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Former Communist Becomes Italy's New Head of State


Former Communist Giorgio Napolitano has been elected Italy's new head of state. His election paves the way for the winner of general elections last month, Romano Prodi, to be given the mandate to form Italy's new government.

A huge applause broke out when the provisional results showed former Communist Giorgio Napolitano was elected Italy's 11th post-war WW II president. The speaker of the lower house Fausto Bertinotti later officially confirmed the result.

Bertinotti announced that the new head of state had obtained 543 votes and a long applause erupted in parliament. The number of votes was well above the minimum 505 mark required for victory.

He then announced the winner.

"I proclaim elected President of the Republic, Senator Giorgio Napolitano," he said.

Giorgio Napolitano, 80, was elected in the fourth round of voting in parliament. He is the first former communist to become president of Italy. He will be replacing President Carlo Azeglio Ciampi, whose seven-year mandate expires May 18.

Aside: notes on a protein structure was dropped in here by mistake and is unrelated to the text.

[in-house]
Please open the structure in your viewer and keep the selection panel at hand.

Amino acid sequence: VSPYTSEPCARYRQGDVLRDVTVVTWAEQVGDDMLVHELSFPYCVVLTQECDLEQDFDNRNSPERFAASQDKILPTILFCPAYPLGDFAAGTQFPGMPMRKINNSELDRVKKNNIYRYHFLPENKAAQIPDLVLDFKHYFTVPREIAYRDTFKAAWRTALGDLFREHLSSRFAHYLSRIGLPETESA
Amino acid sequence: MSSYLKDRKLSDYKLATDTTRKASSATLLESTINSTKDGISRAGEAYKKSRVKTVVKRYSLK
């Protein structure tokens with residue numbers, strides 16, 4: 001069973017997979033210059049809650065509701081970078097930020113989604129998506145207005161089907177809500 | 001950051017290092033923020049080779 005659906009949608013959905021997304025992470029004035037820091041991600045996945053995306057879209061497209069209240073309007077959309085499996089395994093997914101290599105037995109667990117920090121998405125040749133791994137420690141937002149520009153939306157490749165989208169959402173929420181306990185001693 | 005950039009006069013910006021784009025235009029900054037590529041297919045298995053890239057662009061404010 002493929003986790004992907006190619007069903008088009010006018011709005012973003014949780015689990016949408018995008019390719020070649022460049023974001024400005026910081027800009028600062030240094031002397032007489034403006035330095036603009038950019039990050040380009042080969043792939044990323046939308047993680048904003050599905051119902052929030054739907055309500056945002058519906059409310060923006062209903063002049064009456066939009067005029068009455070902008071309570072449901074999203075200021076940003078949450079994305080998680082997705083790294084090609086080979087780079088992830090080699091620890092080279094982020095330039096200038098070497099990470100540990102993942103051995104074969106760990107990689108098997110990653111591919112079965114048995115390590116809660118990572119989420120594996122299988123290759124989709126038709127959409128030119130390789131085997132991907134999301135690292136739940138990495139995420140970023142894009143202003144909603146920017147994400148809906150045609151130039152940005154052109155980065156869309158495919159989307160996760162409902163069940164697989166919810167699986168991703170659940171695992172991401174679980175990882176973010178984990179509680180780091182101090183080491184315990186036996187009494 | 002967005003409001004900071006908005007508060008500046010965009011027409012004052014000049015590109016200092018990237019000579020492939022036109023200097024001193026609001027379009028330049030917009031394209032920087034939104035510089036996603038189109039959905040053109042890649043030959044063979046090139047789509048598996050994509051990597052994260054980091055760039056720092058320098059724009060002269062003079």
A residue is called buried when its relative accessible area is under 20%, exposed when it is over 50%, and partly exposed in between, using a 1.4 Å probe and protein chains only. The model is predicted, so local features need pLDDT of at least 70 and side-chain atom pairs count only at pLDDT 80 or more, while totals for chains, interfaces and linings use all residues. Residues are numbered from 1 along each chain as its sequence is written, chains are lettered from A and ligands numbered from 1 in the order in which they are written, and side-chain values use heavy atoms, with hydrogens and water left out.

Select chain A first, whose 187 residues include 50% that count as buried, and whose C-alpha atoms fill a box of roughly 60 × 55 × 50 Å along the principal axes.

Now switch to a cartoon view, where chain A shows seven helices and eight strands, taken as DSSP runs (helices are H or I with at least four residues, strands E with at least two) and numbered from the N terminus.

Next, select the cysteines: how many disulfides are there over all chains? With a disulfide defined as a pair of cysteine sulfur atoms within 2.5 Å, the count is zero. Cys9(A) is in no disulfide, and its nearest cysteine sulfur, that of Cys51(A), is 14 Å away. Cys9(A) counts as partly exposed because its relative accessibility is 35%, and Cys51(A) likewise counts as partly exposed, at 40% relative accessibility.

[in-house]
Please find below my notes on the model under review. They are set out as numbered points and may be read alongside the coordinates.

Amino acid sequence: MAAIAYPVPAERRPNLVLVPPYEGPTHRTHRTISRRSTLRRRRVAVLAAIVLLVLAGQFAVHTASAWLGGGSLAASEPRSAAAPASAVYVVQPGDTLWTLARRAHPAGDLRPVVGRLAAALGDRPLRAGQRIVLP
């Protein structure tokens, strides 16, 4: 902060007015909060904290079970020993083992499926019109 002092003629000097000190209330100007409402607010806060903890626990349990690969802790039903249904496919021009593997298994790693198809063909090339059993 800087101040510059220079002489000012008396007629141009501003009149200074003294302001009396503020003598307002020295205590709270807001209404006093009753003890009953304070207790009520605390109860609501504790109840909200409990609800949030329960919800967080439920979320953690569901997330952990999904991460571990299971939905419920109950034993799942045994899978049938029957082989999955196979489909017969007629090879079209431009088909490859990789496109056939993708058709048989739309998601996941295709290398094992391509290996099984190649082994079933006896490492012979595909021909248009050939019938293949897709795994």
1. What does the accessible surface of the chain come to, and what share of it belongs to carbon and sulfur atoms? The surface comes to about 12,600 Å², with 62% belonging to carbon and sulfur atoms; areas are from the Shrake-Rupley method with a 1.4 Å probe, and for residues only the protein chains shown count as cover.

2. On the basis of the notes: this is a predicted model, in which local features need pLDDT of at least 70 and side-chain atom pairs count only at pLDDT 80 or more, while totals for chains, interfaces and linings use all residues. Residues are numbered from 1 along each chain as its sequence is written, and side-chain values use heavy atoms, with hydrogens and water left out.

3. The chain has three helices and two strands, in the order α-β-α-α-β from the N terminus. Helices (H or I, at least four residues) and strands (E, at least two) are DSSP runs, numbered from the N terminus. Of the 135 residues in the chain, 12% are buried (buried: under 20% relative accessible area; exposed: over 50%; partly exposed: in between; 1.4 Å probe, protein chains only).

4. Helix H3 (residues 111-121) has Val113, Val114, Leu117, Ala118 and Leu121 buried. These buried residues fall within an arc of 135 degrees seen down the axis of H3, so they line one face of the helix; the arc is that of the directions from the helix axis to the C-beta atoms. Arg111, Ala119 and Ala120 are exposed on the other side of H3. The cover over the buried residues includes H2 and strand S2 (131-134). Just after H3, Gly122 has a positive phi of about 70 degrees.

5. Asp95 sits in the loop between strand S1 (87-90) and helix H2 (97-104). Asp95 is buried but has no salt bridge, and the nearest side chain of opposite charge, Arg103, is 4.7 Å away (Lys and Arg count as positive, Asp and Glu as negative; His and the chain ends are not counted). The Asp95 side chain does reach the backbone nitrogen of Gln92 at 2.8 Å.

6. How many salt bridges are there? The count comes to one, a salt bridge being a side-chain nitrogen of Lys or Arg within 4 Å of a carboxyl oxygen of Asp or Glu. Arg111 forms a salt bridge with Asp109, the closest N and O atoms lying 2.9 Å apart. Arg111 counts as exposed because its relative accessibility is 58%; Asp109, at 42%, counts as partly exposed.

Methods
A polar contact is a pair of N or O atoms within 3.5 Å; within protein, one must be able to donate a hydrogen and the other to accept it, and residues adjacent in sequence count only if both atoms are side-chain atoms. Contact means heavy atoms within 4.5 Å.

Mr. Napolitano was the center-left candidate and is a widely respected life senator who has also been parliament speaker and interior minister in the past. He has been known for his moderate, pro-Western stance and was among the biggest supporters of the reform that led the communists to change the party's name and drop the hammer-and-sickle symbol.

His choice paves the way for the winner of last month's general elections, Romano Prodi, to form the new government.

Mr. Prodi, who heads the center-left coalition, said Napolitano will represent all Italians, even if the center-right did not vote for him.

Outgoing prime minister Silvio Berlusconi's center-right coalition had said before the vote that it would not back Giorgio Napolitano because it opposed having a former communist as head of state.

After the vote, Mr. Berlusconi urged the new head of state to be even handed in his functions.

Mr. Berlusconi later added that there has been a military occupation by the left of all the state's highest offices.

The Italian president is now expected to take his oath of office as early as tomorrow, depending on when his predecessor resigns.